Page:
I am in Berlin for today and tomorrow to speak at a conference of ‘middle managers’ in the German Church (EKD). I flew in this morning in time to hear a stimulating address by Dr Thies Gundlach which (to my ears, at least) focused on the need for fresh attention to be paid to spirituality (the Bible being a lens through which to see God, the world and us) and a need for the development of strategic competence in the outreach ministry of the church in a changing world.
I have met Thies a number of times and am impressed with the seriousness with which he engages – both personally and professionally – with these questions. He is also a very nice bloke.
My session was at the end of a heavy conference day for the punters and I feared I would send them to their early sleep. I was sharing the platform with a Dutchman who gave an interesting presentation about the challenges posed by the changing situation of the church in the Netherlands. The idea was that the two of us would be interviewed first by two comperes and then give a twenty-minute address each on the theme of the conference. I went second and addressed the question of ‘Leadership, Management and Inspiration’. I basically wanted to encourage the ‘middle management’ to be creative in leadership, to lose their fear of failure and enjoy the challenge of their ministry.
I was asked beforehand whether I was daunted by the challenge of moving from Croydon to Bradford. I was able answer immediately and without either delusion or hesitation: no! I am looking forward to the challenges and opportunities that this will bring. It is a fantasy that life is ever sorted; every day brings new challenges and there was never a ‘golden age’. So, if we are going to do this stuff, let’s at least try to enjoy the experience.
For the record, my line on ‘leadership, management and inspiration’ was basically that management of resources is important, but that leadership involves more than administration. Leadership demands from leaders the ability and freedom to inspire the led. I began with Liverpool Football Club…
Why can Kenny Dalglish get out of the same players who failed for Roy Hodgson more energy, commitment, flair, engagement, skill, optimism, determination and enjoyment? The same players on the same ground for the same club. Well, one answer is that King Kenny has restored confidence not only in the collective ambition of the team/club, but also confidence in the individual players’ creative ability. They look like they want to play and want to win.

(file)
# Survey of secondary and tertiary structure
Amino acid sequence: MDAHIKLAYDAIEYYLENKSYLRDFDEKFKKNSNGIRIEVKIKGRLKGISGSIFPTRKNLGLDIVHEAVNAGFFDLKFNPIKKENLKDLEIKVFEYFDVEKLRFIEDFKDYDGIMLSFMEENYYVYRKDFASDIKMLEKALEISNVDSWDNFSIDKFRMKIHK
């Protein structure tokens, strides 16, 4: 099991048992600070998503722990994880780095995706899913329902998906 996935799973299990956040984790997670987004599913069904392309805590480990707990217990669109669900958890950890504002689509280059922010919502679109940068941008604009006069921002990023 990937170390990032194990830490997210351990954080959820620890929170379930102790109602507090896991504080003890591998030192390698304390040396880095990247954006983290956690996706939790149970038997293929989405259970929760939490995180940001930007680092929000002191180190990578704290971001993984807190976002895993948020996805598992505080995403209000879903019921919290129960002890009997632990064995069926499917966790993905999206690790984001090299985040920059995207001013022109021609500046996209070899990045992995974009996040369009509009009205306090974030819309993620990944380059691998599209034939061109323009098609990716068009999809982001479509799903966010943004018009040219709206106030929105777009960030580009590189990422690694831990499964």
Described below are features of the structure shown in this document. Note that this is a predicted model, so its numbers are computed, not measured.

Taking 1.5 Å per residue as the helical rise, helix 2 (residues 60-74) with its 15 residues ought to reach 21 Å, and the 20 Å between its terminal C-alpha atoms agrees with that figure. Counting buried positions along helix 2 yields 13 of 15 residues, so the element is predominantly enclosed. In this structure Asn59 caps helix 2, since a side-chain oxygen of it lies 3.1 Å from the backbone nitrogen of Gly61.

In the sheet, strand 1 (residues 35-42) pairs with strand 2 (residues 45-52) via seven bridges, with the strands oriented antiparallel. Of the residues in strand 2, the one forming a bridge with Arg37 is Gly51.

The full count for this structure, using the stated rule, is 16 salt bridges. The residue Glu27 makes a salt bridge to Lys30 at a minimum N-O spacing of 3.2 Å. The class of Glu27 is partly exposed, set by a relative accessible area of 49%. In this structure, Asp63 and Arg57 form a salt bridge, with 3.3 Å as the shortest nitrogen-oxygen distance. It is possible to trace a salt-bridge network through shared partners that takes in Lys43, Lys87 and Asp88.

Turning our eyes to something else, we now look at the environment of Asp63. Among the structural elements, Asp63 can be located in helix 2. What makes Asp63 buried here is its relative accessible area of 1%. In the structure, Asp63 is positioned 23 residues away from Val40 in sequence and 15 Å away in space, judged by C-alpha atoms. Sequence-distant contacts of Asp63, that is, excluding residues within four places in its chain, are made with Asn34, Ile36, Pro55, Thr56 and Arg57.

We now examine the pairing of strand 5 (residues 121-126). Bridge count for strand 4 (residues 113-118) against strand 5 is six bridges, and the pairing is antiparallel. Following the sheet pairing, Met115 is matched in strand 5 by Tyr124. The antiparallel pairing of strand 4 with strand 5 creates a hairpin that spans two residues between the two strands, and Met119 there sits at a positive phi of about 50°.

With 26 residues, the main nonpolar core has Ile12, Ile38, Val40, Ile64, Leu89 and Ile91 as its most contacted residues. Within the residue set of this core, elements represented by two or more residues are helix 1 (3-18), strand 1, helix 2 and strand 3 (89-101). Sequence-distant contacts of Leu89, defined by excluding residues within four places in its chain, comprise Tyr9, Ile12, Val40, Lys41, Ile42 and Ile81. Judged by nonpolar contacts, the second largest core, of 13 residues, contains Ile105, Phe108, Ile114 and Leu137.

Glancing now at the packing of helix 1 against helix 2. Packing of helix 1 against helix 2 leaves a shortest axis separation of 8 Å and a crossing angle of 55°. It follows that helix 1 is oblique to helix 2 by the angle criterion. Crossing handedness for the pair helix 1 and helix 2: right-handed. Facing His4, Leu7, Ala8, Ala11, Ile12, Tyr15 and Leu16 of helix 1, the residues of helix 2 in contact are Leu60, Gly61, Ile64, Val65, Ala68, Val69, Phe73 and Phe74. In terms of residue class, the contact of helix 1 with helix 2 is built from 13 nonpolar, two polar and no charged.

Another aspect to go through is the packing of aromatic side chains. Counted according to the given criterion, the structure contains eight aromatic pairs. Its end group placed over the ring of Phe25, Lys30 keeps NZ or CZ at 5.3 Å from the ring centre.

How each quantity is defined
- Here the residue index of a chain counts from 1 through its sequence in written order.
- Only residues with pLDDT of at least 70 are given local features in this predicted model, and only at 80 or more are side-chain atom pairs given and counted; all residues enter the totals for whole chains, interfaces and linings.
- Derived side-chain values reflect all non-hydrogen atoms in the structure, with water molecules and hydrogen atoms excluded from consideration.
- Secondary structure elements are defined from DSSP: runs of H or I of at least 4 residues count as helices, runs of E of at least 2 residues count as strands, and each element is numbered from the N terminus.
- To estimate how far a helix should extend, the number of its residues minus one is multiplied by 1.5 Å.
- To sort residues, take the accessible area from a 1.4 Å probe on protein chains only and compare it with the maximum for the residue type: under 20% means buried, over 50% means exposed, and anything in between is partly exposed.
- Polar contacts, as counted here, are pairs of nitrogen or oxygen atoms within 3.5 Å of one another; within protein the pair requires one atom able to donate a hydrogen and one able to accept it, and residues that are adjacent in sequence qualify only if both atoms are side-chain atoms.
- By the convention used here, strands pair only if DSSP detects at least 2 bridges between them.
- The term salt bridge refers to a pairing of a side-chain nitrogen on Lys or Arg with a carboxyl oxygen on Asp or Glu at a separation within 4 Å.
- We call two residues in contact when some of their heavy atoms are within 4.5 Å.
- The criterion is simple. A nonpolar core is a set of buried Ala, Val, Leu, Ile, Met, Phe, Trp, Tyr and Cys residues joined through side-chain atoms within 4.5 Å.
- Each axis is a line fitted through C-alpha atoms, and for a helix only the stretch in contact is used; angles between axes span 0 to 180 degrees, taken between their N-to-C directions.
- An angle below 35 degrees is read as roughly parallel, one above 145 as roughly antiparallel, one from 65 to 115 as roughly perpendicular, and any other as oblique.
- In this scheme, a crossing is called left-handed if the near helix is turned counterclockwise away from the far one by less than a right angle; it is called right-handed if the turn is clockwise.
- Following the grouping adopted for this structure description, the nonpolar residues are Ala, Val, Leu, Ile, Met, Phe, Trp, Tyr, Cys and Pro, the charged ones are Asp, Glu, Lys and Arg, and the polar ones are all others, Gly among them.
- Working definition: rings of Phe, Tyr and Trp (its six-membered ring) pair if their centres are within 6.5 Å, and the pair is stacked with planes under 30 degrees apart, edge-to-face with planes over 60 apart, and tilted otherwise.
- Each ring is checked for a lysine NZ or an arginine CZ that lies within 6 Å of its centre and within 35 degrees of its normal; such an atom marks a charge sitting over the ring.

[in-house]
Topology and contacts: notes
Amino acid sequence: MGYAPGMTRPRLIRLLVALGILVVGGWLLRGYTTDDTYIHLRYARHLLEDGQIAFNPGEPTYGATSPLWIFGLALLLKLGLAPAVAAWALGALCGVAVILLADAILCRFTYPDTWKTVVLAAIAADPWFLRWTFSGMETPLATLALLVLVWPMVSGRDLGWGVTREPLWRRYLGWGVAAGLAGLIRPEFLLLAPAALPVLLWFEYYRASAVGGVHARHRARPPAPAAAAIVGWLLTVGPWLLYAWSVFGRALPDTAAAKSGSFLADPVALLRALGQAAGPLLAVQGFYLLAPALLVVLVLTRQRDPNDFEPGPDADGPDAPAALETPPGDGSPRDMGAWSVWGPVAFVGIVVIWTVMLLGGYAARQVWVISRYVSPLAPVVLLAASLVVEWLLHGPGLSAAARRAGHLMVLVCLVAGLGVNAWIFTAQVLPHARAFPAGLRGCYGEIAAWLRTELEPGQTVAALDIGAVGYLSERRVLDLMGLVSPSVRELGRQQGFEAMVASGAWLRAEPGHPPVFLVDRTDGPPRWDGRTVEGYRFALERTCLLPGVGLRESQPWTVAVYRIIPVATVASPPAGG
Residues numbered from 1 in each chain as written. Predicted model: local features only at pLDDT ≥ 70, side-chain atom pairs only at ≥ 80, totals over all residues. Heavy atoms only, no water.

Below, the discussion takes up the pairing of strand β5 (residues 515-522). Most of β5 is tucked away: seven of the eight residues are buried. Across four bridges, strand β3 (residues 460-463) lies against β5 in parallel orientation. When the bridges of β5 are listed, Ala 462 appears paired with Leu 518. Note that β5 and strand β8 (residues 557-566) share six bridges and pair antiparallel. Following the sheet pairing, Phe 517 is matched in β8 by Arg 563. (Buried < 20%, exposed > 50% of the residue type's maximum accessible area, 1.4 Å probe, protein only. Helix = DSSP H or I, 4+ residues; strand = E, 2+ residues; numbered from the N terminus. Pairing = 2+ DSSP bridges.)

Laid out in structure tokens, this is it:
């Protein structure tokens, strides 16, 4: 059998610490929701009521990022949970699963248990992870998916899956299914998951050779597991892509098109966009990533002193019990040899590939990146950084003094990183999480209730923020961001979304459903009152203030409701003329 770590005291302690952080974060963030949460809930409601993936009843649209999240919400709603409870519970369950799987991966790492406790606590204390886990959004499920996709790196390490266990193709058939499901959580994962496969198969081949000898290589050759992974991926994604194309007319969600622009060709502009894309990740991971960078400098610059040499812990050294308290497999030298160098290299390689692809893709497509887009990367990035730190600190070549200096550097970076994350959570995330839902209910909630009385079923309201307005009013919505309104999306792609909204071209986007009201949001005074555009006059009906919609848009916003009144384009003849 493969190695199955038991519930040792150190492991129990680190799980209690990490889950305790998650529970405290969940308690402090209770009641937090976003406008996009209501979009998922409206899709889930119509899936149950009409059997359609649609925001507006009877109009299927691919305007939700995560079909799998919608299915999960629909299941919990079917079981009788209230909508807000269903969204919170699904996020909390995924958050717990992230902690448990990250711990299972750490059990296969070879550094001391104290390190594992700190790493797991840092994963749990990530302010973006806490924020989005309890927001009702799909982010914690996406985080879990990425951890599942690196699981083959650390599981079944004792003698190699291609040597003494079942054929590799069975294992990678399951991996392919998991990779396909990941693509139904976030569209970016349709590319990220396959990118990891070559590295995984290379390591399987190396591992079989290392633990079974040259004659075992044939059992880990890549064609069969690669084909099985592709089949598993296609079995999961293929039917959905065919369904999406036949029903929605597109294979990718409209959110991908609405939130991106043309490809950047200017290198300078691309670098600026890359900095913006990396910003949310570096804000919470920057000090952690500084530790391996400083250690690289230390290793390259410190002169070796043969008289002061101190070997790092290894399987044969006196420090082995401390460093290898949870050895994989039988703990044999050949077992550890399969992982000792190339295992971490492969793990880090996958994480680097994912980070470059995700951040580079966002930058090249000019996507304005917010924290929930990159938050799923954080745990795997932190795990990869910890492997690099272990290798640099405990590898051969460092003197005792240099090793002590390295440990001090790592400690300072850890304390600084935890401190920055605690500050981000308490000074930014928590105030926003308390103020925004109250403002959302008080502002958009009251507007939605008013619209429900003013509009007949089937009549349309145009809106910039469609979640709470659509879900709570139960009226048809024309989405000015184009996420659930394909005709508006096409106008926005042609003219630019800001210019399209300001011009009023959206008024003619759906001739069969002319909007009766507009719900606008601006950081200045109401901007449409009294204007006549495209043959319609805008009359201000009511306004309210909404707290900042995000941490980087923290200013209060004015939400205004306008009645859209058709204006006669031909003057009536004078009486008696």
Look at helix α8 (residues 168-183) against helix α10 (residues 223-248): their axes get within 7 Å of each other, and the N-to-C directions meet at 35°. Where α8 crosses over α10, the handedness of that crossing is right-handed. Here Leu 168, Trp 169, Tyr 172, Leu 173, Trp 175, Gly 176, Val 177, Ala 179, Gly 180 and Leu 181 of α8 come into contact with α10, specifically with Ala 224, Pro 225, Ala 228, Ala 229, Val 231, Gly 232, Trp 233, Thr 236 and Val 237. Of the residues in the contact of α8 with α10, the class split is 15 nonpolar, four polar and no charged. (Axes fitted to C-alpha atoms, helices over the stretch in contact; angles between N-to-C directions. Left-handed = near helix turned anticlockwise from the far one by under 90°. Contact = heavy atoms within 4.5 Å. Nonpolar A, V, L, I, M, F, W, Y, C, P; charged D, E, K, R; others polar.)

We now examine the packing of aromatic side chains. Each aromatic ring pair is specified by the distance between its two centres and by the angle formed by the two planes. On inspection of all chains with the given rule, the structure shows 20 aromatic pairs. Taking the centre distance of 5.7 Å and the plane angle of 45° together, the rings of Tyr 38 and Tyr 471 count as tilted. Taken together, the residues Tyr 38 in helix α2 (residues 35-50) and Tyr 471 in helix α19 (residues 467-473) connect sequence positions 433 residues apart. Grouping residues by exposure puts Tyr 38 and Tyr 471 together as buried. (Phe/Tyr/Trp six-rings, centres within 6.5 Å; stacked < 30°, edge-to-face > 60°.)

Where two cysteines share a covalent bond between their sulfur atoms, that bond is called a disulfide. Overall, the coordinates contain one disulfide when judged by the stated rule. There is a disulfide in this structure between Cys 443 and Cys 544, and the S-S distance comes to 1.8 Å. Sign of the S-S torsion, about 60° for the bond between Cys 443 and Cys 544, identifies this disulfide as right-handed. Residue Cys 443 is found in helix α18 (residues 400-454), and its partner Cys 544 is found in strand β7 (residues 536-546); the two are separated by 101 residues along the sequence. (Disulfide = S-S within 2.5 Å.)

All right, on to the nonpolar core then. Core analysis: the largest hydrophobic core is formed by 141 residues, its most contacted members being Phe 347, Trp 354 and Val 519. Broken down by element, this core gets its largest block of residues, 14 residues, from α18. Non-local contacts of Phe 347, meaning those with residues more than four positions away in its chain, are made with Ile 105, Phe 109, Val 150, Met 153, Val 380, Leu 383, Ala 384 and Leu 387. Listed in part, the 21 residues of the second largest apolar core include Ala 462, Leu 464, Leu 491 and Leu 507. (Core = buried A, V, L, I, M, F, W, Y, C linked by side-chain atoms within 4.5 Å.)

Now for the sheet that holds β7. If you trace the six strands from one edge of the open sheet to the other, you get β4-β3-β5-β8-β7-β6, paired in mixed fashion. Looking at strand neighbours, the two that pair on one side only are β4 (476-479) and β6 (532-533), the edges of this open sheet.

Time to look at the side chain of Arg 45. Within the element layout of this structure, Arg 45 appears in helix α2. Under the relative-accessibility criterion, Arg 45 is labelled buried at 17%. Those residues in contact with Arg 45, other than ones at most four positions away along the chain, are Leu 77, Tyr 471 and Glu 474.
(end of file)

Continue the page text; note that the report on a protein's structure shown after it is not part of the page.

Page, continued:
Part of the distinction between ‘management’ and ‘leadership’ can be illustrated by the question I found myself asking as Archdeacon of Lambeth ten years ago. I can’t remember how or why, but I recall realising that there are two approaches to being an archdeacon (responsible for buildings, finance, law and ‘stuff’ in the Church of England): the first asks what the law allows us to do and goes from there; the second asks what we want to achieve (where do we want to get to) and then works out how the law might allow us to get there. In other words, leadership begins with a vision for which a strategy is then needed – but strategy without vision is meaningless. Poor management often sees the development of strategies without having first identified the vision that the strategies are meant to make happen.
Of course, this has to do with giving permission to leaders(at any level) to fail. Having identified clarity, confidence and communication as key to good leadership, I quoted Matthew 25:14-30. Here three blokes (they are always blokes…) are given money by their boss who was about to go away for a bit. Two blokes doubled the cash they were given, but one hid his away in order to preserve it from risk of loss. The first two were praised, the last was condemned. The church and the Gospel are to be risked – given away and possibly lost, perverted, misrepresented, twisted, half-remembered, etc – and not stuck in the ground where they can be kept pure, untarnished and ‘holy’.
We never really learn this, do we?
Anyway, as this isn’t a sermon, we went on to take questions form the floor – many of which began with the football allusion. One question made me think about the analogy between football matches and church services. I quickly thought and suggested that the liturgy of football involves (among other things):
- a commonly owned and understood liturgy
- that liturgy involves worship, praise, criticism, prayer (pleading for an outcome), complaint, questioning, singing, silence, emotion, reflection, critical appraisal
- the experience is centred on a common goal (literally!)
- everyone is a participant in the event – no one is a mere spectator.
Now, think about how church might take these elements on board – consciously – in the choice of medium, language, music, action, performance and articulated vision.
A question about the challenge of the so-called New Atheists led to the conclusion (among other things) that their major weaknesses are (a) their lack of humour, (b) their need to hold on to a caricature of religion in order for their critique to bear the weight they put on it, and (c) their ignorance of the fact that what they think of as ‘new’ is actually very old and didn’t hold much water even 200 years ago.
Anyway, that’s Berlin Tonight (to quote either Leonard Cohen or Bruce Cockburn).